Finding you a story

Something in It


Robert Louis Stevenson

The natives told him many tales.  In particular, they warned him of the house of yellow reeds tied with black sinnet, how any one who touched it became instantly the prey of Akaänga, and was handed on to him by Miru the ruddy, and hocussed with the kava of the dead, and baked in the ovens and eaten by the eaters of the dead.

“There is nothing in it,” said the missionary.

There was a bay upon that island, a very fair bay to look upon; but, by the native saying, it was death to bathe there.  “There is nothing in that,” said the missionary; and he came to the bay, and went swimming.  Presently an eddy took him and bore him towards the reef.  “Oho!” thought the missionary, “it seems there is something in it after all.”  And he swam the harder, but the eddy carried him away.  “I do not care about this eddy,” said the missionary; and even as he said it, he was aware of a house raised on piles above the sea; it was built of yellow reeds, one reed joined with another, and the whole bound with black sinnet; a ladder led to the door, and all about the house hung calabashes.  He had never seen such a house, nor yet such calabashes; and the eddy set for the ladder.  “This is singular,” said the missionary, “but there can be nothing in it.”  And he laid hold of the ladder and went up.  It was a fine house; but there was no man there; and when the missionary looked back he saw no island, only the heaving of the sea.  “It is strange about the island,” said the missionary, “but who’s afraid? my stories are the true ones.”  And he laid hold of a calabash, for he was one that loved curiosities.  Now he had no sooner laid hand upon the calabash than that which he handled, and that which he saw and stood on, burst like a bubble and was gone; and night closed upon him, and the waters, and the meshes of the net; and he wallowed there like a fish.

“A body would think there was something in this,” said the missionary.  “But if these tales are true, I wonder what about my tales!”

Now the flaming of Akaänga’s torch drew near in the night; and the misshapen hands groped in the meshes of the net; and they took the missionary between the finger and the thumb, and bore him dripping in the night and silence to the place of the ovens of Miru.  And there was Miru, ruddy in the glow of the ovens; and there sat her four daughters, and made the kava of the dead; and there sat the comers out of the islands of the living, dripping and lamenting.

This was a dread place to reach for any of the sons of men.  But of all who ever came there, the missionary was the most concerned; and, to make things worse, the person next him was a convert of his own.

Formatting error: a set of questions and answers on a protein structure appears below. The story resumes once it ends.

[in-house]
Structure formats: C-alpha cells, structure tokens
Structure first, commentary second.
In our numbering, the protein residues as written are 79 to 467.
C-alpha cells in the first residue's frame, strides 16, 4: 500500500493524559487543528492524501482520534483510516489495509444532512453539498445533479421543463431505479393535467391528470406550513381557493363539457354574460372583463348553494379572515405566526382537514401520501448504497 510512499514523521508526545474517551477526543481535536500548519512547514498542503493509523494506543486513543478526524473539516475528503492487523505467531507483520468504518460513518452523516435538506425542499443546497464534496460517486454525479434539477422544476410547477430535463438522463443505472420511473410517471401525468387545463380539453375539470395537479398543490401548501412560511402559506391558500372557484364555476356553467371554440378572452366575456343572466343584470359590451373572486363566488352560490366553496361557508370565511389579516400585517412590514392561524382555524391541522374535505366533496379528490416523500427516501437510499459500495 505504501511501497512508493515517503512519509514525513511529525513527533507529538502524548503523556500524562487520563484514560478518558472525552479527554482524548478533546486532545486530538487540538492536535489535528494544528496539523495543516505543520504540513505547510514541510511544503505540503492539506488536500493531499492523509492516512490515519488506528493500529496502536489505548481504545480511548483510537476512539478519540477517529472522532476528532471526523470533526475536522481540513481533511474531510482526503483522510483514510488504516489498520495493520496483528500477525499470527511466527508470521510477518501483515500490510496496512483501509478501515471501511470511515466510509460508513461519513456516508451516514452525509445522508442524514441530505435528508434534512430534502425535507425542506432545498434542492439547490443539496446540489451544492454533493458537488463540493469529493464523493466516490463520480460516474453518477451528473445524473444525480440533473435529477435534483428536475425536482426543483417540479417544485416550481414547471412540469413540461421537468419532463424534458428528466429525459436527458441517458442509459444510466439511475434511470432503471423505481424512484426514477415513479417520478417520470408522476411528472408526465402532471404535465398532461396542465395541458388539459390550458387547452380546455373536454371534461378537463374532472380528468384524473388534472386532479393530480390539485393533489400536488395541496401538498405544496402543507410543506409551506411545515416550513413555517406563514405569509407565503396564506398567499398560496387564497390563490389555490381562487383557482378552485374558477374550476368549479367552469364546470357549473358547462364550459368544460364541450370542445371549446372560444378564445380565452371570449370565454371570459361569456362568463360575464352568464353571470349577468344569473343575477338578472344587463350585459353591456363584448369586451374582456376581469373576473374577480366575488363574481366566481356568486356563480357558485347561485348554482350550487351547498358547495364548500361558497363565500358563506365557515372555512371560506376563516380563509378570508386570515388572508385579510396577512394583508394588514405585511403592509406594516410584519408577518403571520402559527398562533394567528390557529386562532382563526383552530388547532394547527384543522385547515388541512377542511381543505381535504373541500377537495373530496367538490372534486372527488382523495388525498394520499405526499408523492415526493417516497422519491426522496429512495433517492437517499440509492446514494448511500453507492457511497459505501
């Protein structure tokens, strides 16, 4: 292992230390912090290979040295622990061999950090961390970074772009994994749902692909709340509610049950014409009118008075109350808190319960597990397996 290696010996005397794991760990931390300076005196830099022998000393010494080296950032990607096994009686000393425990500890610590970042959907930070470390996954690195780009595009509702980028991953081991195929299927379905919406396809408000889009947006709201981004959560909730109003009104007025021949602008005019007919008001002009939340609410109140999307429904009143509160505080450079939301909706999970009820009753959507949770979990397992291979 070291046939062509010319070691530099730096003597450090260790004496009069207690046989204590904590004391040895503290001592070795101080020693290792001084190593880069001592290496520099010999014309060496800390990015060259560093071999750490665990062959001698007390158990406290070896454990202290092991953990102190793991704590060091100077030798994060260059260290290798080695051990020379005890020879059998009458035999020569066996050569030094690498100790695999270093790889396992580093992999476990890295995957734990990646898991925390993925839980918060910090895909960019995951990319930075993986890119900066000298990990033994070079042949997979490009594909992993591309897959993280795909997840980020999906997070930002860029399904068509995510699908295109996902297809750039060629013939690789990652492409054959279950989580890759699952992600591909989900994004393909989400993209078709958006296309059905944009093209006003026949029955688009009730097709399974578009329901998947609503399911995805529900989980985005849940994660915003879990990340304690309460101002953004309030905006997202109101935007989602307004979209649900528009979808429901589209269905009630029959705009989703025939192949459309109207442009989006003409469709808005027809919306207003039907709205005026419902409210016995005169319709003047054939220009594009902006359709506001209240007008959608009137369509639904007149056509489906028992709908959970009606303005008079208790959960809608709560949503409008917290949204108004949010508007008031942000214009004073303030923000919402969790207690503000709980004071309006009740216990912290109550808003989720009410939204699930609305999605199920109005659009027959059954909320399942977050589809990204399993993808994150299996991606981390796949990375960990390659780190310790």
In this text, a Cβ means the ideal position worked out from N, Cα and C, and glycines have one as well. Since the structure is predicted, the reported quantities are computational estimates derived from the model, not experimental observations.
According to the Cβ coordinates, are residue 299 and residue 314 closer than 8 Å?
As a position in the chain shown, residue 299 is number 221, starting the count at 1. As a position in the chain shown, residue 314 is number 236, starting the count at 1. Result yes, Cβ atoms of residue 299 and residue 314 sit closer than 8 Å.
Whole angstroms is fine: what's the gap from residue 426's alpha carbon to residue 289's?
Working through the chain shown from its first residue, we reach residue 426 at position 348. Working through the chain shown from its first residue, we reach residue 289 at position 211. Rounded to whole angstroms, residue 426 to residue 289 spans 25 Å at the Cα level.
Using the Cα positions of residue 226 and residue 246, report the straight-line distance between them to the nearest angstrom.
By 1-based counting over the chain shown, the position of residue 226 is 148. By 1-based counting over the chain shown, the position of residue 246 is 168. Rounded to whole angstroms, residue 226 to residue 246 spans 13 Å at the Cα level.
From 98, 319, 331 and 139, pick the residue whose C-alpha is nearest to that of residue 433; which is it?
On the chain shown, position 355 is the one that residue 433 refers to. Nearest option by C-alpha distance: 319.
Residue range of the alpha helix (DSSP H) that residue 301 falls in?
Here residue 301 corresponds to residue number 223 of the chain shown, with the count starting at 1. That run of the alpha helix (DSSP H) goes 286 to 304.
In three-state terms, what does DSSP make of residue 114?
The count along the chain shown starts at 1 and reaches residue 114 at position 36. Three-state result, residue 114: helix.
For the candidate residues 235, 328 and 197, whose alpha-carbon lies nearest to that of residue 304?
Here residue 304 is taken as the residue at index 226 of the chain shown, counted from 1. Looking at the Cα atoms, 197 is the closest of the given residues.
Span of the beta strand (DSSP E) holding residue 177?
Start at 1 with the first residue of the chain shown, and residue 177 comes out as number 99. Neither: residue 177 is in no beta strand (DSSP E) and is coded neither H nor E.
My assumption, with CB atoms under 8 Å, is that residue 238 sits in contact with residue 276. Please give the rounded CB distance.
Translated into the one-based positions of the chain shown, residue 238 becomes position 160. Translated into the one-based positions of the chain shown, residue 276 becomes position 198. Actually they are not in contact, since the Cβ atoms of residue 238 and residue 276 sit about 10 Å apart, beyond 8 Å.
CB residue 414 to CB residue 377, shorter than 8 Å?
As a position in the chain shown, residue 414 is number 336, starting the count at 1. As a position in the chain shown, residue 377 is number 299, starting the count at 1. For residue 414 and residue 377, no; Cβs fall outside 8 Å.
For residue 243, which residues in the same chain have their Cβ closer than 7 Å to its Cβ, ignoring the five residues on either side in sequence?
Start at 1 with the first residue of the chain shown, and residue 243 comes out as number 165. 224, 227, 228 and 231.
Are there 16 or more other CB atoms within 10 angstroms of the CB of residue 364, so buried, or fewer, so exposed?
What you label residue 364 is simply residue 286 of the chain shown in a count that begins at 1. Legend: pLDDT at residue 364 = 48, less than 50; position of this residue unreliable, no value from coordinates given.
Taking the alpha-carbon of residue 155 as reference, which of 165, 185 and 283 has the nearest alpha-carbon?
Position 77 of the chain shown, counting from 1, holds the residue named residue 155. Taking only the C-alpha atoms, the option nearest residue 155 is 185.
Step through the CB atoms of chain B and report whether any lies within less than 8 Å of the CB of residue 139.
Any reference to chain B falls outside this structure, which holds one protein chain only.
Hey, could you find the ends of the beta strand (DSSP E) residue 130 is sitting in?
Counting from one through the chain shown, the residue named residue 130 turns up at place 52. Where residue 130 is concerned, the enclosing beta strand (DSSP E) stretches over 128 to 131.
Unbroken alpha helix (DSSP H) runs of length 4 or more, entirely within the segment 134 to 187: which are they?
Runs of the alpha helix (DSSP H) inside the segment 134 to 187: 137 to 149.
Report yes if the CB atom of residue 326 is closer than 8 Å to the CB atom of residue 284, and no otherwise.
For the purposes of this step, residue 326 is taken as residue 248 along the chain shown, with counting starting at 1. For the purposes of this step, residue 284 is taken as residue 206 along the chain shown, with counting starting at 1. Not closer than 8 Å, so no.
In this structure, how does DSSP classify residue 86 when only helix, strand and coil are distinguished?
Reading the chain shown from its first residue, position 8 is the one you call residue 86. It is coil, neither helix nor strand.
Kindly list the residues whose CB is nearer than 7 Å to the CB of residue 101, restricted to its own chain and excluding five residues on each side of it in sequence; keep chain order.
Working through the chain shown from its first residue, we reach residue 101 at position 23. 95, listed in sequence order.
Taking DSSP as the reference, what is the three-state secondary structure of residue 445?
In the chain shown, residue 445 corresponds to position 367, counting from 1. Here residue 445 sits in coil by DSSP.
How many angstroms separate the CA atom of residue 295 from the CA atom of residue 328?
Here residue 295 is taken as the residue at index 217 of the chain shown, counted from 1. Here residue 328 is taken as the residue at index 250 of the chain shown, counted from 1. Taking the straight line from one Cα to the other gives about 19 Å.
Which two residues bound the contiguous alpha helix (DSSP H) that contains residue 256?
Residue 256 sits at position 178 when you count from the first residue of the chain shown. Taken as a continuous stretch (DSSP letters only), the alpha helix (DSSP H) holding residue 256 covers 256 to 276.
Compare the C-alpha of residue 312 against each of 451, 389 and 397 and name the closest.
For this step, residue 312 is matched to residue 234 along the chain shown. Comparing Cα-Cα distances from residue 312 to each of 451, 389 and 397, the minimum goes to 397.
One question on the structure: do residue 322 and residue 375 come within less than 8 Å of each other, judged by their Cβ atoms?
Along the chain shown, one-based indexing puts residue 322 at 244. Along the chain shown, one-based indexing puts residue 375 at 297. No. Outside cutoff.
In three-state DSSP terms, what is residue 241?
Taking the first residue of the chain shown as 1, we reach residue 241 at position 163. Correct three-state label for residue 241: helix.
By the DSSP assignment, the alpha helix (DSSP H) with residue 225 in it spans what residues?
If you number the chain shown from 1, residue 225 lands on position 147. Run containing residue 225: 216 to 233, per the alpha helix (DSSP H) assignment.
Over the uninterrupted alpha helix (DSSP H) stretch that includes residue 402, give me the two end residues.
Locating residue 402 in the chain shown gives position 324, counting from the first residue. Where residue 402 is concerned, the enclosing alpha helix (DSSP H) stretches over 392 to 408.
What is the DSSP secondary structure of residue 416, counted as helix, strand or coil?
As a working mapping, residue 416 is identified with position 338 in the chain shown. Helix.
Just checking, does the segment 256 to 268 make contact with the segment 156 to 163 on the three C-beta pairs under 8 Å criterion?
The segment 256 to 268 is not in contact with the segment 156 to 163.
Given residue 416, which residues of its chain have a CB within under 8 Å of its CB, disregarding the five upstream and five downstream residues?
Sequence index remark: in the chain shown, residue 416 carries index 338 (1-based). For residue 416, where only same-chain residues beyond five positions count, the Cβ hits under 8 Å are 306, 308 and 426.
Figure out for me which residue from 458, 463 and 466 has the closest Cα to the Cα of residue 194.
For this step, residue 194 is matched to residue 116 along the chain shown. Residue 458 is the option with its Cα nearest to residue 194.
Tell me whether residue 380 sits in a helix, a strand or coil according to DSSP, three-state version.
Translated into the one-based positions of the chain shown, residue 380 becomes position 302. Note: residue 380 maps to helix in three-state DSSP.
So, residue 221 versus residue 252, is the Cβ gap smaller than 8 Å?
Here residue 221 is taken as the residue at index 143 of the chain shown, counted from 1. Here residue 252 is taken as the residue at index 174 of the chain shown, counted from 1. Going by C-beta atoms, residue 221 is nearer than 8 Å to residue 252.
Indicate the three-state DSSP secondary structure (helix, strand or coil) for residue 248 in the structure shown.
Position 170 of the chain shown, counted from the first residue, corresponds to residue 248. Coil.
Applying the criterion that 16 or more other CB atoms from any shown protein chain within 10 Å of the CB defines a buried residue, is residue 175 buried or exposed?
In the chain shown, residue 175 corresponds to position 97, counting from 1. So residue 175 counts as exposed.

“Aha,” said the convert, “so you are here like your neighbours?  And how about all your stories?”

“It seems,” said the missionary, with bursting tears, “that there was nothing in them.”

By this the kava of the dead was ready, and the daughters of Miru began to intone in the old manner of singing.  “Gone are the green islands and the bright sea, the sun and the moon and the forty million stars, and life and love and hope.  Henceforth is no more, only to sit in the night and silence, and see your friends devoured; for life is a deceit, and the bandage is taken from your eyes.”

Now when the singing was done, one of the daughters came with the bowl.  Desire of that kava rose in the missionary’s bosom; he lusted for it like a swimmer for the land, or a bridegroom for his bride; and he reached out his hand, and took the bowl, and would have drunk.  And then he remembered, and put it back.

“Drink!” sang the daughter of Miru.

“There is no kava like the kava of the dead, and to drink of it once is the reward of living.”

“I thank you.  It smells excellent,” said the missionary.  “But I am a blue-ribbon man myself; and though I am aware there is a difference of opinion even in our own confession, I have always held kava to be excluded.”

“What!” cried the convert.  “Are you going to respect a taboo at a time like this?  And you were always so opposed to taboos when you were alive!”

“To other people’s,” said the missionary.  “Never to my own.”

“But yours have all proved wrong,” said the convert.

“It looks like it,” said the missionary, “and I can’t help that.  No reason why I should break my word.”

“I never heard the like of this!” cried the daughter of Miru.  “Pray, what do you expect to gain?”

“That is not the point,” said the missionary.  “I took this pledge for others, I am not going to break it for myself.”

The daughter of Miru was puzzled; she came and told her mother, and Miru was vexed; and they went and told Akaänga.  “I don’t know what to do about this,” said Akaänga; and he came and reasoned with the missionary.

“But there is such a thing as right and wrong,” said the missionary; “and your ovens cannot alter that.”

“Give the kava to the rest,” said Akaänga to the daughters of Miru.  “I must get rid of this sea-lawyer instantly, or worse will come of it.”

The next moment the missionary came up in the midst of the sea, and there before him were the palm trees of the island.  He swam to the shore gladly, and landed.  Much matter of thought was in that missionary’s mind.

“I seem to have been misinformed upon some points,” said he.  “Perhaps there is not much in it, as I supposed; but there is something in it after all.  Let me be glad of that.”

And he rang the bell for service.


The sticks break, the stones crumble,
The eternal altars tilt and tumble,
Sanctions and tales dislimn like mist
About the amazed evangelist.
He stands unshook from age to youth
Upon one pin-point of the truth.

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